A four-point anchor vessel on standby during a RLWI project due to weather conditions.
The authors also recognized the need for vessels to be of “sufficient size and comfort to remain on location during severe weather” after the closing of operations(2). In spite of the advances made over a 40-year span, it can be difficult for MSV’s to remain on location during volatile weather, resulting in vessels having to return to dock while conditions subside.
It is imperative to highlight that once a vessel has disconnected during harsh weather—and operations are closed—that all topside to subsea conduits be recovered in a controlled and methodical manner. In addition, all conduits and associated equipment must be able—by design—to withstand volatile recovery conditions until they can be safely brought above the water line, or to a predetermined safe zone. Failing to execute the aforementioned can cause the disconnected conduits to crash or become entangled. A more severe scenario is one where conduits become intertwined with subsea assets. For this reason, having a safety procedure/protocol in place for the immediate spooling up/recovery of conduits, during anomalous weather, is of high benefit.
(Left) A cut through view of a through bore connector. (Right) A connector prior to being fully mated Photo from SECC.
The need to immediately resume work after severe weather passes was an additional recommendation for the future(2). At present, this is achieved by remating the previously mentioned kick off junction plates and through bore connectors. This section, will focus on the latter, as they enable the execution of more than just wireline work, and facilitate communicating with a well in the absence of well control equipment, such as a BOP, when acidizing wells: the authors correctly inferred that this type of work would be conducted in the future from a vessel.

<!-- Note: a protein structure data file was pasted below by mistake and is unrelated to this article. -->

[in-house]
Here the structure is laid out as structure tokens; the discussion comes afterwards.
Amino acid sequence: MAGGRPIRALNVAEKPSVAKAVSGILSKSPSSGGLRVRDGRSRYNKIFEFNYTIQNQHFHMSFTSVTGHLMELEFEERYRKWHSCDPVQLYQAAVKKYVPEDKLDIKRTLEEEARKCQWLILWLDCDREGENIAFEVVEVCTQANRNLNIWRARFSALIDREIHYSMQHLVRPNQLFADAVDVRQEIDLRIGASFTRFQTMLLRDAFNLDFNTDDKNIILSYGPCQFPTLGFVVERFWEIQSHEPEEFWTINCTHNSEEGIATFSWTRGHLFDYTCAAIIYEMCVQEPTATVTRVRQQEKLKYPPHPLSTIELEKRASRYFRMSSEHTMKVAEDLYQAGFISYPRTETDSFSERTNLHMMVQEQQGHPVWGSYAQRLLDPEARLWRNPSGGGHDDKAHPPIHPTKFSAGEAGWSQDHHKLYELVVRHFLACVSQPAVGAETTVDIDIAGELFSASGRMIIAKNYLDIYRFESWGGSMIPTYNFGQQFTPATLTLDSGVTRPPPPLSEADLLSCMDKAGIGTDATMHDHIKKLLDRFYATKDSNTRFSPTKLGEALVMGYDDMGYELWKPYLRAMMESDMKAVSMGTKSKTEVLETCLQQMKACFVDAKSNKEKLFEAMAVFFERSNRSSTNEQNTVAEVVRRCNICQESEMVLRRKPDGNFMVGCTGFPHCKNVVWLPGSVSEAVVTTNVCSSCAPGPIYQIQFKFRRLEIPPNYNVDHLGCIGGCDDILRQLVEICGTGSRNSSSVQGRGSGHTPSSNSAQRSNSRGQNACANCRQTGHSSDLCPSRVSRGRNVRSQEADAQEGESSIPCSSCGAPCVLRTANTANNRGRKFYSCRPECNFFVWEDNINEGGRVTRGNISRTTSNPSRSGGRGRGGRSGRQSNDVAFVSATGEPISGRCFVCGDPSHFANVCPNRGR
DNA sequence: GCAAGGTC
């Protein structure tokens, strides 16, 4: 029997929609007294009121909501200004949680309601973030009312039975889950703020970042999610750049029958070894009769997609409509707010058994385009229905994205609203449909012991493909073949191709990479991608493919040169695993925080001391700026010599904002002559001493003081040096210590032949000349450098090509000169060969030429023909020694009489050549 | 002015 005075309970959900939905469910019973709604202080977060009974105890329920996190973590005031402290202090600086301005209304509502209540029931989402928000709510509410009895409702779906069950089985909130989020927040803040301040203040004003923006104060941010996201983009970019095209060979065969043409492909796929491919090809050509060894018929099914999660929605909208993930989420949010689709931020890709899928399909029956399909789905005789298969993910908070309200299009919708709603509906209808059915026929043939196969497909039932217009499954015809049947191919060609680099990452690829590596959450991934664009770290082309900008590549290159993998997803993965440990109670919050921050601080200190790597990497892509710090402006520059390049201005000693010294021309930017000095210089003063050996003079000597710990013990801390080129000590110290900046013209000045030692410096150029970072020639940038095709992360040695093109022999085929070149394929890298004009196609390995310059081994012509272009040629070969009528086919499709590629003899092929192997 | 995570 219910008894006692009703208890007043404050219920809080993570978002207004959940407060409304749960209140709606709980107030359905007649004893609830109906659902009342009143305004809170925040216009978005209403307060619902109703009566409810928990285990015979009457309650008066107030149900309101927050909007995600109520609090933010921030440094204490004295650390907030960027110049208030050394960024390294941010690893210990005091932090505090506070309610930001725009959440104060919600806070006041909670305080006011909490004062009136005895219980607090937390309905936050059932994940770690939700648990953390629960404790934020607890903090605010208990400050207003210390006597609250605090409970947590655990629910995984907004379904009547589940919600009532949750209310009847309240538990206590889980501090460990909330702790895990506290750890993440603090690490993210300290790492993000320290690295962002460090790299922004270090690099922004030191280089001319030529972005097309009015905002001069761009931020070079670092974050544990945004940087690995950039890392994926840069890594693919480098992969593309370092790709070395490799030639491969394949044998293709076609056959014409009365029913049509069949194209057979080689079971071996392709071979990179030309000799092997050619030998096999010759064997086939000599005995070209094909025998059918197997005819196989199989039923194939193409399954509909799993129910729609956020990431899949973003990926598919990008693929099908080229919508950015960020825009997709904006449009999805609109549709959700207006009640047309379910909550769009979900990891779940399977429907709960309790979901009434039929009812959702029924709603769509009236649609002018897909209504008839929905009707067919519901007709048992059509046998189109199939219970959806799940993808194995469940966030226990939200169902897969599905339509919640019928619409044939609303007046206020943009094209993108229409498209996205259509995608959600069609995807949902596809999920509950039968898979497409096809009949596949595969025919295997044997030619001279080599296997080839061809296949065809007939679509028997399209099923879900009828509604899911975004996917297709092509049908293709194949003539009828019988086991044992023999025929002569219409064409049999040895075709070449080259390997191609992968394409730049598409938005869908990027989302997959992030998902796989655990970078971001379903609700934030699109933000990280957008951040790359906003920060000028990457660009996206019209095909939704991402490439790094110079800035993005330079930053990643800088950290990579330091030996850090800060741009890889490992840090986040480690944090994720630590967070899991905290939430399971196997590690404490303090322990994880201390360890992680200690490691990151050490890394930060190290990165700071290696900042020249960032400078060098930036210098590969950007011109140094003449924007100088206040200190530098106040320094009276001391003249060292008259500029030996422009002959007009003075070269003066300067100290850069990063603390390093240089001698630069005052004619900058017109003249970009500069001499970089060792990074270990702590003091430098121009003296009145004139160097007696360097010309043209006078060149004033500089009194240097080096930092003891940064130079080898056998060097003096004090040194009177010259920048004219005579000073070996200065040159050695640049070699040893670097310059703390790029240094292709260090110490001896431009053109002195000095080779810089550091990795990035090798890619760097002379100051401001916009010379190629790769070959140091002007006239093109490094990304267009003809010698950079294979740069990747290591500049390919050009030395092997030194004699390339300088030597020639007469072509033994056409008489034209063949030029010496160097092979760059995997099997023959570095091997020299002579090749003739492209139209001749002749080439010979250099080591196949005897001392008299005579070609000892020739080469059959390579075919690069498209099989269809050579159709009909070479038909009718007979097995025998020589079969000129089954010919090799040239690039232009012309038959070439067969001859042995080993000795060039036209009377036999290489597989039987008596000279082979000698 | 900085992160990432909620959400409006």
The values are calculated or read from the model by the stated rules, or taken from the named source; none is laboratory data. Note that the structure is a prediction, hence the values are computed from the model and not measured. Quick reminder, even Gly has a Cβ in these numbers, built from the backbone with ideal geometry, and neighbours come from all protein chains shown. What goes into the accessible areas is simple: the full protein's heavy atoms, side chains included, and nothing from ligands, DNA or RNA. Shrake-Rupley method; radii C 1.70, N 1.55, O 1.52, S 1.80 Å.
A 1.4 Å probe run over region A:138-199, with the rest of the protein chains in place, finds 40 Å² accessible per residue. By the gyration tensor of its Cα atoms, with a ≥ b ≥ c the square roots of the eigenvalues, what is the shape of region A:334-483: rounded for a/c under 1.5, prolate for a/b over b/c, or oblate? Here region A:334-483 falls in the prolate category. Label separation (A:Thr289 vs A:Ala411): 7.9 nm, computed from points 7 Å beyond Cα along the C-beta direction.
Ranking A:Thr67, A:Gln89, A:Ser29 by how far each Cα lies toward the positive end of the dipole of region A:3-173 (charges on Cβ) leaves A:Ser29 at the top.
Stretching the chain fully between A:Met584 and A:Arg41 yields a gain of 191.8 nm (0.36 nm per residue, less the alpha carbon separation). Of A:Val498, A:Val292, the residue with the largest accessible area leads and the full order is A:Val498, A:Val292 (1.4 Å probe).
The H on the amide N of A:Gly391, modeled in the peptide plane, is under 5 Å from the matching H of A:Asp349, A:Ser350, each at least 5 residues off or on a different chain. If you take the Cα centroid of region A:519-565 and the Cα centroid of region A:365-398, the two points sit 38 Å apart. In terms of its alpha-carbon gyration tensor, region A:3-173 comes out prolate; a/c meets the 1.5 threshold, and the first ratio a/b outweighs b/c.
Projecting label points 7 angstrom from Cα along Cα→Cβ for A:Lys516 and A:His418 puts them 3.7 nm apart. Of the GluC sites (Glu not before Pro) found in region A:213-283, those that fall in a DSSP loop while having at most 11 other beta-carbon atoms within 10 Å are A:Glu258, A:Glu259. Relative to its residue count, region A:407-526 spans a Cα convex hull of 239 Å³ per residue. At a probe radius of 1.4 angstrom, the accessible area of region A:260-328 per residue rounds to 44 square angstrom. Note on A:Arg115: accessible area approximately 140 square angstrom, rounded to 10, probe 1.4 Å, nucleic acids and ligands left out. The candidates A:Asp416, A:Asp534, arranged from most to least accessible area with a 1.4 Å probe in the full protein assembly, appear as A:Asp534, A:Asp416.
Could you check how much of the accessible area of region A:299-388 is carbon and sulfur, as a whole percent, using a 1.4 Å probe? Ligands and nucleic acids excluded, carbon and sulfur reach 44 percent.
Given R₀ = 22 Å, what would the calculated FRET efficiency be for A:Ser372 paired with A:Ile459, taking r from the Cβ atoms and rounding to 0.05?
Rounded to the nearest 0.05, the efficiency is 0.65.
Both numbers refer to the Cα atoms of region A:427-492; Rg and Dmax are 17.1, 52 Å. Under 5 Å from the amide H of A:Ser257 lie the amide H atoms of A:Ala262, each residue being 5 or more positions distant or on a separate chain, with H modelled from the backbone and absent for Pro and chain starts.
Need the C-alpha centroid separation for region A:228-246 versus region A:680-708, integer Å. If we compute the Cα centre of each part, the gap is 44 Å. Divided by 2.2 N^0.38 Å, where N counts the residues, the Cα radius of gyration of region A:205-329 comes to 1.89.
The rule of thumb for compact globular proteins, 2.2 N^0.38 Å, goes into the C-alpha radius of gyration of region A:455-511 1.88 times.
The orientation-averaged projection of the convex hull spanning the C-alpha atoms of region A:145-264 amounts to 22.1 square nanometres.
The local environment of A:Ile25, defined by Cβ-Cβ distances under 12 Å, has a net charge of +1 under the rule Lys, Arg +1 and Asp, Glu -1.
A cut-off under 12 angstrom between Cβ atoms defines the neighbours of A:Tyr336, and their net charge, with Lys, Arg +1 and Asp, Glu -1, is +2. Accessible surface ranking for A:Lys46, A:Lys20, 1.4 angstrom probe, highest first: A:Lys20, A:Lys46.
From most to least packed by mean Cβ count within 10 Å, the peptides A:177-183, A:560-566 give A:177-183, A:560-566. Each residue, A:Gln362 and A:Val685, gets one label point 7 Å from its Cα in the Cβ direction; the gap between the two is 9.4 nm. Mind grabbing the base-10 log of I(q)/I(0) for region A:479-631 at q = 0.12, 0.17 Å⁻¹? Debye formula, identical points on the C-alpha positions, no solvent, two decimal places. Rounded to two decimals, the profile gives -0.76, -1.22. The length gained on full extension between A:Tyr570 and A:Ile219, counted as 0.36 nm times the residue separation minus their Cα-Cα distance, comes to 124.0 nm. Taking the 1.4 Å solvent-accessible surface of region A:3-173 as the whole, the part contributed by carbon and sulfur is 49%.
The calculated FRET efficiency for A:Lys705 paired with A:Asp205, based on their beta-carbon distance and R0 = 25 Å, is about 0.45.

17H hot stab mounted on an ROVs porch. Photo from Reaching Ultra.
From a mating standpoint, through bore connectors work similar to 17H hot stabs, in that they require mating a male (This end attaches to a coiled tubing line) to a female mating end that is located on a pump in port on a rigless kit. In addition, through bore connectors and 17H hot stabs greatly differ, since fluid pumped through the former is measured in barrels per minute, while the latter’s flow rate is measured in gallons per minute. Additionally, said connectors are specifically engineered to mechanically lock the male (stab) within the female (bore), and require an external trigger (weak link) to unlock the male end.
Application-wise, through bore connectors are conducive for acidizing wells where large volumes of chemicals/cocktails need to be introduced in to a well, to reverse their decline in production. However, through bore connectors can also facilitate dewatering, flushing, abandoning pipelines, placing cement plugs, and pumping of kill fluids to plug and abandon (P&A) a well – without the use of a rig.
The future of rigless intervention technology, post-Zakum, will continue to have inherited challenges and obstacles. Notwithstanding, the rigless community and ancillary participants, have not only technically addressed such challenges and obstacles, but have equally, as demonstrated above, developed innovative techniques and unconventional technologies to safely and properly execute in an open water setting. The result: tripling the depth of projects in a span of five years, while furthering the proof of concept of rigless technology (3).
1. Goodfellow, Ron. Underwater Engineering. Tulsa : The Petroleum Publishing Company, 1977. 0-87814-065-4.
2. Subsea Experienced Gained at Zakum. Ron Goodfellow, Alan Webb. Dallas, Texas : Society of Petroleum Engineers, 1974.
3. Myths And Misperceptions About RLWI. Bevan Morrison, Ole Eddie Karlsen. Houston : Atlantic Communications, 2013.
Fernando Hernandez is the subsea technical advisor at Reaching Ultra. Hernandez speakings three languages and has extensive field experience in the ROV tooling, automated controls, subsea and well intervention sectors.